Gallery: INHABITAT INTERVIEW: Water Architect Koen Olthuis on Floating ...

Inhabitat: You're a proponent of the Hydro-City, and this is not just because you're from a country that sits below sea level. What are the advantages of floating buildings? Of a floating city? What are the challenges and the limitations? Koen: Floating

Inhabitat: You're a proponent of the Hydro-City, and this is not just because you're from a country that sits below sea level. What are the advantages of floating buildings? Of a floating city? What are the challenges and the limitations?


Floating urban components will be a new tool in the ongoing search to make our greatest cities worldwide more sustainable and livable. I strongly believe that we will enter an era of consumption urbanism in which floating urban components will help us to react quickly and sustainably to the growing mix of changes. Cities will start using City Apps, which are a set of combined urban components that can be ordered via City Apps Stores. In these stores a city council or government can lease a function that can offer instant relief to a occurring problem. These city apps are already built and in stock. When someone leases a City App it can be transported in smaller urban components to cities worldwide over water. This will create a new market and flexibility. The life span of the urban components themselves are very long, so that if they are not needed any more they can be sent back to the lease company or been sold to another city. City Apps are not so different from smart phone apps - they upgrade the functionality of the existing hardware, which in this case is a city's structure.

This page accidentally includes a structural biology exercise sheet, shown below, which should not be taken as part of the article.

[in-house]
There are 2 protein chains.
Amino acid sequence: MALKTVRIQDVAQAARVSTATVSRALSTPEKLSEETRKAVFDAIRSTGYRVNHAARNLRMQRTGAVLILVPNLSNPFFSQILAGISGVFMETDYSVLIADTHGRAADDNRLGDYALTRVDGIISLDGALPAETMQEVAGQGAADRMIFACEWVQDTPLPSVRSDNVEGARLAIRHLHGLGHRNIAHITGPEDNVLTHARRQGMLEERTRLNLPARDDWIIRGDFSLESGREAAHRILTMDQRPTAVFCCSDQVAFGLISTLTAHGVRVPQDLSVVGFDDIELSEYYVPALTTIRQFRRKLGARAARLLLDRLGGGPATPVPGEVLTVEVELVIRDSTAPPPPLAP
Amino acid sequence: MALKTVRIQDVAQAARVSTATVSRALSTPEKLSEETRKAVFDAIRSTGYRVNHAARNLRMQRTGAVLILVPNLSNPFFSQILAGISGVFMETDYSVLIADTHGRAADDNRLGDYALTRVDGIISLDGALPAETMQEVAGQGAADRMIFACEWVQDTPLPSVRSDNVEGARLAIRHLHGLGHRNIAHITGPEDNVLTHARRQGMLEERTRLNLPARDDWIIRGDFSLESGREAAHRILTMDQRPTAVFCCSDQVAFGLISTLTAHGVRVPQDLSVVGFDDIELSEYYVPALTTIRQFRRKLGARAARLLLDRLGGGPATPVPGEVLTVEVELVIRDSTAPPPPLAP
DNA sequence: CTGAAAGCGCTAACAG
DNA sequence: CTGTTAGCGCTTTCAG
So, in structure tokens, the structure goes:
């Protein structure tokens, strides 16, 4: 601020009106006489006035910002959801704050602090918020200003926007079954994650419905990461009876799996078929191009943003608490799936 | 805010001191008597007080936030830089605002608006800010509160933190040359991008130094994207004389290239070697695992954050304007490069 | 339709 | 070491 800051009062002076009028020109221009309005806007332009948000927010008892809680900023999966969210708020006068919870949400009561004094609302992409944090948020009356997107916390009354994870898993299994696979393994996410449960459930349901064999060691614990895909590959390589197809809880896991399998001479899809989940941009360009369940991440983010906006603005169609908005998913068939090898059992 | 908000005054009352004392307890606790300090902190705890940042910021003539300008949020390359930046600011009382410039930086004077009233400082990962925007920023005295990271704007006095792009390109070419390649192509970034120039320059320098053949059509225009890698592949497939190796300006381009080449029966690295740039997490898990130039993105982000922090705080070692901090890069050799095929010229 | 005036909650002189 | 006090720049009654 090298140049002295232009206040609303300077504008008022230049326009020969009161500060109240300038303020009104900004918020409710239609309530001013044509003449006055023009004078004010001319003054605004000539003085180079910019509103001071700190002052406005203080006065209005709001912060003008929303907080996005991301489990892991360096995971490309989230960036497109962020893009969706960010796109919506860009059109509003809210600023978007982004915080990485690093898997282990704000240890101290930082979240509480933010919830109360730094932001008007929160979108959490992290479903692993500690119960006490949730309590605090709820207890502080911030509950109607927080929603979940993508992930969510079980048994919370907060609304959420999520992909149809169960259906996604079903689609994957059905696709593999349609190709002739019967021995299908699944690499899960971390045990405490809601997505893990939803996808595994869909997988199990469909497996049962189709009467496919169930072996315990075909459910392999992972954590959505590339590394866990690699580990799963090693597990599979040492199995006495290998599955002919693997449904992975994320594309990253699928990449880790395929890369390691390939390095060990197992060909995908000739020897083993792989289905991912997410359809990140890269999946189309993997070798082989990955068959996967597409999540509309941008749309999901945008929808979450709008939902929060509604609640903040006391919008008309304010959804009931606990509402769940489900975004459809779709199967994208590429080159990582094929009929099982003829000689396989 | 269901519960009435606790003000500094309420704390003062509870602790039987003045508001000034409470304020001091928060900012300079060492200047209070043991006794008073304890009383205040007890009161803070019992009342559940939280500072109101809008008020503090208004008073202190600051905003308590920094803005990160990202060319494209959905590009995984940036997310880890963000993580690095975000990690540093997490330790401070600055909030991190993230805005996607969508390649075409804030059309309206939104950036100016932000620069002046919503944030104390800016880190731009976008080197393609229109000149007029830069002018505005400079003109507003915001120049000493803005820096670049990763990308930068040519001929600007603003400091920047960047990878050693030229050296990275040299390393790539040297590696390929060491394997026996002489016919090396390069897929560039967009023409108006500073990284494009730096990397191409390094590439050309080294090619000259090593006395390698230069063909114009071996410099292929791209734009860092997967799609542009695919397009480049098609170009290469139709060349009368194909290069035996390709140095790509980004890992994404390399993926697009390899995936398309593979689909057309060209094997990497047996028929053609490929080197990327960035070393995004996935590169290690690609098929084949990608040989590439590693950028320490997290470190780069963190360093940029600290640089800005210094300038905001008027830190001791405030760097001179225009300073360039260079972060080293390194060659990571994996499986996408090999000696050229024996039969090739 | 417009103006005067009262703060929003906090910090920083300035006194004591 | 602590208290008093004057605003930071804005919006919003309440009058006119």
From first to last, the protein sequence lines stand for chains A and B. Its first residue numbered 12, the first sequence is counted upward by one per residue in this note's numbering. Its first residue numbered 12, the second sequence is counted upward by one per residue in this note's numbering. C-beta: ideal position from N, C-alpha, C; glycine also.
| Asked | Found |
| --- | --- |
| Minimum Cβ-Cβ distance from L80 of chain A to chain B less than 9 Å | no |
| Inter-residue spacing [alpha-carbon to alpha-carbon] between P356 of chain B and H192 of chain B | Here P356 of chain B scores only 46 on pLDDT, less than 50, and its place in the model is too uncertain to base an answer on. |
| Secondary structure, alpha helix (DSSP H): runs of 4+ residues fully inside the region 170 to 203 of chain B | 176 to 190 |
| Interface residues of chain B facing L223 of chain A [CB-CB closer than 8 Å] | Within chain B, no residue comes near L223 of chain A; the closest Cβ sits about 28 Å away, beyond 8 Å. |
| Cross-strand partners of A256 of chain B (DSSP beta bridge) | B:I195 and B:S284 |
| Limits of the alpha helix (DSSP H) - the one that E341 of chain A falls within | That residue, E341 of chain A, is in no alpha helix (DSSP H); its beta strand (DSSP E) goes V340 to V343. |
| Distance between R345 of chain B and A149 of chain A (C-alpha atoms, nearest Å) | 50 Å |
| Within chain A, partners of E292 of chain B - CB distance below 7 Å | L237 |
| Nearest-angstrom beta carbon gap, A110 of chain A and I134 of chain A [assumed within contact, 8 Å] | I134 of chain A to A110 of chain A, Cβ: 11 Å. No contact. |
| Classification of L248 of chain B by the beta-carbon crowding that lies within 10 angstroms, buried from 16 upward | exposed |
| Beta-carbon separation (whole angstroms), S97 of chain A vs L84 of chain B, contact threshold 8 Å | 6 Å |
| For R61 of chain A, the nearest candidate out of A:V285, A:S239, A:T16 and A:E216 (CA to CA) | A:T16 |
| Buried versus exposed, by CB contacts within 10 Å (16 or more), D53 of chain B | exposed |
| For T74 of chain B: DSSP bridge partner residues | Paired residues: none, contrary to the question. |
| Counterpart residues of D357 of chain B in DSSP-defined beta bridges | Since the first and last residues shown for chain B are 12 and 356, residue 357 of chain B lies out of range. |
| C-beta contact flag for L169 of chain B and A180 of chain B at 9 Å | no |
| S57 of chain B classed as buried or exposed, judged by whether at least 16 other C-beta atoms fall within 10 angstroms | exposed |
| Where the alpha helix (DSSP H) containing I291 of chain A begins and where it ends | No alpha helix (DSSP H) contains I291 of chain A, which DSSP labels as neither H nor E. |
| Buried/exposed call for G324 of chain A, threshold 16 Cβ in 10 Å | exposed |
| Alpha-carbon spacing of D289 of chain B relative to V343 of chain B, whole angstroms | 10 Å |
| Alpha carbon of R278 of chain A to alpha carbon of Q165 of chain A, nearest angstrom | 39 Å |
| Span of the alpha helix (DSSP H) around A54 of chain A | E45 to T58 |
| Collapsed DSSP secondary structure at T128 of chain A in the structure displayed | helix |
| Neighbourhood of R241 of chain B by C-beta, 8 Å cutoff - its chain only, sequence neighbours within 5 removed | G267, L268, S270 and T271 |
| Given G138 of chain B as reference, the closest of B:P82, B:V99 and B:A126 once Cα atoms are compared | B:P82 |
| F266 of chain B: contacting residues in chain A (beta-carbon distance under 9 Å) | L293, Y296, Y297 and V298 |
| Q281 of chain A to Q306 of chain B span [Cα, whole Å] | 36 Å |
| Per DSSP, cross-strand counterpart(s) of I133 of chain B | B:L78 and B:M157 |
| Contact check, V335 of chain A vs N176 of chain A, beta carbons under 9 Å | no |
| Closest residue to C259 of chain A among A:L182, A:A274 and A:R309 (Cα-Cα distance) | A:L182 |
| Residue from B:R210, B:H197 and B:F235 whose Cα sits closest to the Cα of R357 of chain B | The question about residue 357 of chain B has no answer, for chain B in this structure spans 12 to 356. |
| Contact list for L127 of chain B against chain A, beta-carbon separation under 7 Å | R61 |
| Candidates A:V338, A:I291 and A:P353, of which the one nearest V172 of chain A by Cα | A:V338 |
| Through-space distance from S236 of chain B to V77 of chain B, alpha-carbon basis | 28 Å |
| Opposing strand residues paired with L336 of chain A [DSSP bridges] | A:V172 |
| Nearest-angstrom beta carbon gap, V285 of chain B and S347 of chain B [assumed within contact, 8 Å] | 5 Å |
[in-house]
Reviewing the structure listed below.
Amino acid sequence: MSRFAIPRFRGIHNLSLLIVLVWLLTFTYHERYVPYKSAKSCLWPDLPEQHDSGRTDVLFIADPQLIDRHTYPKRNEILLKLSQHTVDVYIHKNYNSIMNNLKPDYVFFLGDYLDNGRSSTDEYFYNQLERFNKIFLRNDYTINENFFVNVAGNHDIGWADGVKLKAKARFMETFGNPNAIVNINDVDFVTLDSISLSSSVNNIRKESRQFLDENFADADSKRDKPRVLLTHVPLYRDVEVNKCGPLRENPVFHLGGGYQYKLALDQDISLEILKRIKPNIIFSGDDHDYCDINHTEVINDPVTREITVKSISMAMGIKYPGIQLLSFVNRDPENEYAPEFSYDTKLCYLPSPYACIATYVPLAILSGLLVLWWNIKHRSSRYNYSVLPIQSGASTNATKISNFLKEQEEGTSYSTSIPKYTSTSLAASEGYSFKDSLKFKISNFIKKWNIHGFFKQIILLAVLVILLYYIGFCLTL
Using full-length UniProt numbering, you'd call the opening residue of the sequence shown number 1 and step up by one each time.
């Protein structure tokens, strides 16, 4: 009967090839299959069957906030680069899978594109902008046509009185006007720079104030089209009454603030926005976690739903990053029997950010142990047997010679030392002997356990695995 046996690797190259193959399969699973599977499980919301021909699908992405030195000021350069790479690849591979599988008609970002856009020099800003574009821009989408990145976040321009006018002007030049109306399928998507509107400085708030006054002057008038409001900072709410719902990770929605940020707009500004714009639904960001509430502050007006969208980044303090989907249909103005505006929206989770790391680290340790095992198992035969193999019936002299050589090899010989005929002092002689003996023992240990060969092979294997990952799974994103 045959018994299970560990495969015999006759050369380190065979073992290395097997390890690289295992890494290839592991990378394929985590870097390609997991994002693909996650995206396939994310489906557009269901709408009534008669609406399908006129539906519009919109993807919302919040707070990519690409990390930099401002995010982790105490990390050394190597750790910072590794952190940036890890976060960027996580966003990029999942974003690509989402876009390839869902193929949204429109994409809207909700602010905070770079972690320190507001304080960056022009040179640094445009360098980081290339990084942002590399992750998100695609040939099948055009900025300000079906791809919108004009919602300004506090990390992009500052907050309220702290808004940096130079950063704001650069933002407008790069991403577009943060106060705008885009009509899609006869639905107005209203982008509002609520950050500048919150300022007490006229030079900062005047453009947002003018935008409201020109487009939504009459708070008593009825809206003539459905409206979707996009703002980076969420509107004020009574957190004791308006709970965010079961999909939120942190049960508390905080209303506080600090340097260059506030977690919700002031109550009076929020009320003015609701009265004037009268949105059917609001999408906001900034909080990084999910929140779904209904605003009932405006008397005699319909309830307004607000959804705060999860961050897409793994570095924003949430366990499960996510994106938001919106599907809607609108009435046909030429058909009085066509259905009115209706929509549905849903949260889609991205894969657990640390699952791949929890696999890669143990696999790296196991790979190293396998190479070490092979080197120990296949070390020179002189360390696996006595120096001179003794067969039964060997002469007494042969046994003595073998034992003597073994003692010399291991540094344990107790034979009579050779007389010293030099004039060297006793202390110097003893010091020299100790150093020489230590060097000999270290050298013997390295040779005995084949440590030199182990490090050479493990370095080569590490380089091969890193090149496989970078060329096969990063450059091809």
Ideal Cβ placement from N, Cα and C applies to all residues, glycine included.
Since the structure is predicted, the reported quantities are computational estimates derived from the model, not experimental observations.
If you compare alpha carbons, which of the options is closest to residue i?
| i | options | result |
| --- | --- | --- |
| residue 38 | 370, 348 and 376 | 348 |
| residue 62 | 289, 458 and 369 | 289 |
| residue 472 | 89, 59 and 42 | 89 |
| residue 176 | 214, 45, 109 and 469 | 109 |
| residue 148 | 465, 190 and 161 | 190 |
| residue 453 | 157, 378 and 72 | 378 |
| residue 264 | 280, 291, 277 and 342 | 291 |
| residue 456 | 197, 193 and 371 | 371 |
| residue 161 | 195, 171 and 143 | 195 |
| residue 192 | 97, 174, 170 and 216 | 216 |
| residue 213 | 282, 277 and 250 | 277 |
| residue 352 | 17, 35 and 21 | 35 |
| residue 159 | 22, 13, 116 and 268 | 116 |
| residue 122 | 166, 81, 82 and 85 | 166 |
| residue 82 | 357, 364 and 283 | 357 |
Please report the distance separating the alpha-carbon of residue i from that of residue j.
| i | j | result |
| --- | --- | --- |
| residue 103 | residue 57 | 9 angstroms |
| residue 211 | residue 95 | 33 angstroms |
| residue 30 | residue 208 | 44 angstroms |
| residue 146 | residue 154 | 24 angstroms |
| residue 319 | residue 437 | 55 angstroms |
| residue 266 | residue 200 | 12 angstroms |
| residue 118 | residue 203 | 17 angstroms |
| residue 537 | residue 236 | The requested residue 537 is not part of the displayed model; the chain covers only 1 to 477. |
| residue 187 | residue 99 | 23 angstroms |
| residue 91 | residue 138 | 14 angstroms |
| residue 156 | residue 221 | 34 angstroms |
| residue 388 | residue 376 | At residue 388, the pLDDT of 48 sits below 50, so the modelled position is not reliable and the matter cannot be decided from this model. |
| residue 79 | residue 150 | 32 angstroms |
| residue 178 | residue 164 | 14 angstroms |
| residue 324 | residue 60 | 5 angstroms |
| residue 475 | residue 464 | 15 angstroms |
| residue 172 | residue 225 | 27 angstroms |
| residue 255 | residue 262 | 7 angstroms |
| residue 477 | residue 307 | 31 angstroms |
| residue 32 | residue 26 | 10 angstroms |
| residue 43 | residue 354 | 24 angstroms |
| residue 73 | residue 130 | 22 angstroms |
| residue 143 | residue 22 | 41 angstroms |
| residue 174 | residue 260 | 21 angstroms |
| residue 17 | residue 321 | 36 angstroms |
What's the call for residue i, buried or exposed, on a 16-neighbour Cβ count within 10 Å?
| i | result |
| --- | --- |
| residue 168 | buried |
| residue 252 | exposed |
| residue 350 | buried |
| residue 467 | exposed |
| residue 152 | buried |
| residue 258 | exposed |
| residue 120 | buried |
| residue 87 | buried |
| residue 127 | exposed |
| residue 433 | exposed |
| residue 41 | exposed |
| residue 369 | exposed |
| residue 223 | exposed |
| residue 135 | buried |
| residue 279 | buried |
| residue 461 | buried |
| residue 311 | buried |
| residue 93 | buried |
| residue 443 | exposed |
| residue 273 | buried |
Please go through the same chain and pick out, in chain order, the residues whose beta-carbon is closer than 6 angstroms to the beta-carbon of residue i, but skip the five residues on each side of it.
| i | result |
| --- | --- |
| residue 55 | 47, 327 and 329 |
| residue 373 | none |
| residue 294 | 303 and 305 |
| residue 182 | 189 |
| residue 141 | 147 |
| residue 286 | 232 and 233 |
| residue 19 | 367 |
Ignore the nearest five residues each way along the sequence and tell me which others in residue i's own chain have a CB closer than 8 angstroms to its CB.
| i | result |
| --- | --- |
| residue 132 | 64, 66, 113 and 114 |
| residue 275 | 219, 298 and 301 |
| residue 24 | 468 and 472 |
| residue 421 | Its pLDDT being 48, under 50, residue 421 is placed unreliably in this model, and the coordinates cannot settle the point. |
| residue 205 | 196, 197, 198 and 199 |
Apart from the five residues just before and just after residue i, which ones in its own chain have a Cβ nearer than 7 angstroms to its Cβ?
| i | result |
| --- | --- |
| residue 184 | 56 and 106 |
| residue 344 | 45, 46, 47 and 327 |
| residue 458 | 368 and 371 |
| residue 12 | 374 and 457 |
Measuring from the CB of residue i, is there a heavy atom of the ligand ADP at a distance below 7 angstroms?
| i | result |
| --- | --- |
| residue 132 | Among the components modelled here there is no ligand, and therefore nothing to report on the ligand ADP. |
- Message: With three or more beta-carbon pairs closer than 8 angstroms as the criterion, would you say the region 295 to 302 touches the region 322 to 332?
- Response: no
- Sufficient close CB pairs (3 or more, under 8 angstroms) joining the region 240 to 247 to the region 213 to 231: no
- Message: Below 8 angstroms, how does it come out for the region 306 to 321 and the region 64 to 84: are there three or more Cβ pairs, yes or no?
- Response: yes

Architect Koen Olthuis of has been fascinating the Inhabitat editors for years with his innovative floating buildings and aqua-tecture. Far from being confined by convention — or by the boundaries of dry land — Olthuis has made a name for himself as an architect who pushes the boundaries of possibility when it comes to the built environment. With a studio focused on designing floating buildings for a future water world, has designed everything from floating apartment complexes in the Netherlands to a floating mosque in the UAE to even an entire floating community of islands for the Maldives. While we’ve spoken in depth with Koen before about flood-resistant architecture, floating buildings and what he calls ‘sustainaquality’ — in the light of the latest tragedies that have hit Japan, we have to ask: how and relevant and sound is water architecture for today’s concerns? Read our exclusive interview where Olthuis explains the sustainability of building on water, as well as how he uses 3D modeling technology to help both clients and skeptics visualize how building on water could change the world.


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  1. the aquatect January 29, 2015 at 9:59 am

    Seriously? The rhetoric is all there. The ideas are beautiful!! This is a very basic concept that rings true in most of us… the connection to nature, the potentials for sustainability and design and culture and urban development and personal development…. But why do the actual projects, even the conceptual ones, end up looking like they just don\\\’t truely understand what it is that they are saying?? Why do they look like something that could be (should be?) on land?? Or some very conceptual form which doesn\\\’t seem to have very much practical dimensions build into it?
    INHABITAT did a piece a few years back about a company called Waterliving which actually built quite a few floating homes (still floating, btw) in Denmark. And they understood. And worked towards developing the concept,.. the idea. Unfortunately, they stopped before getting it fully developed. But just try taking a look at what they did, and you\\\’ll understand.

  2. Sumendra Jain March 16, 2014 at 12:22 pm

    Hats off to Koen for taking House boat concept to modern structures with engineering stability in the various presentations.

  3. JBH March 7, 2014 at 11:48 am

    I have been aware of this for several years due to the Swiss have been using this system. But it is slowly reaching the US..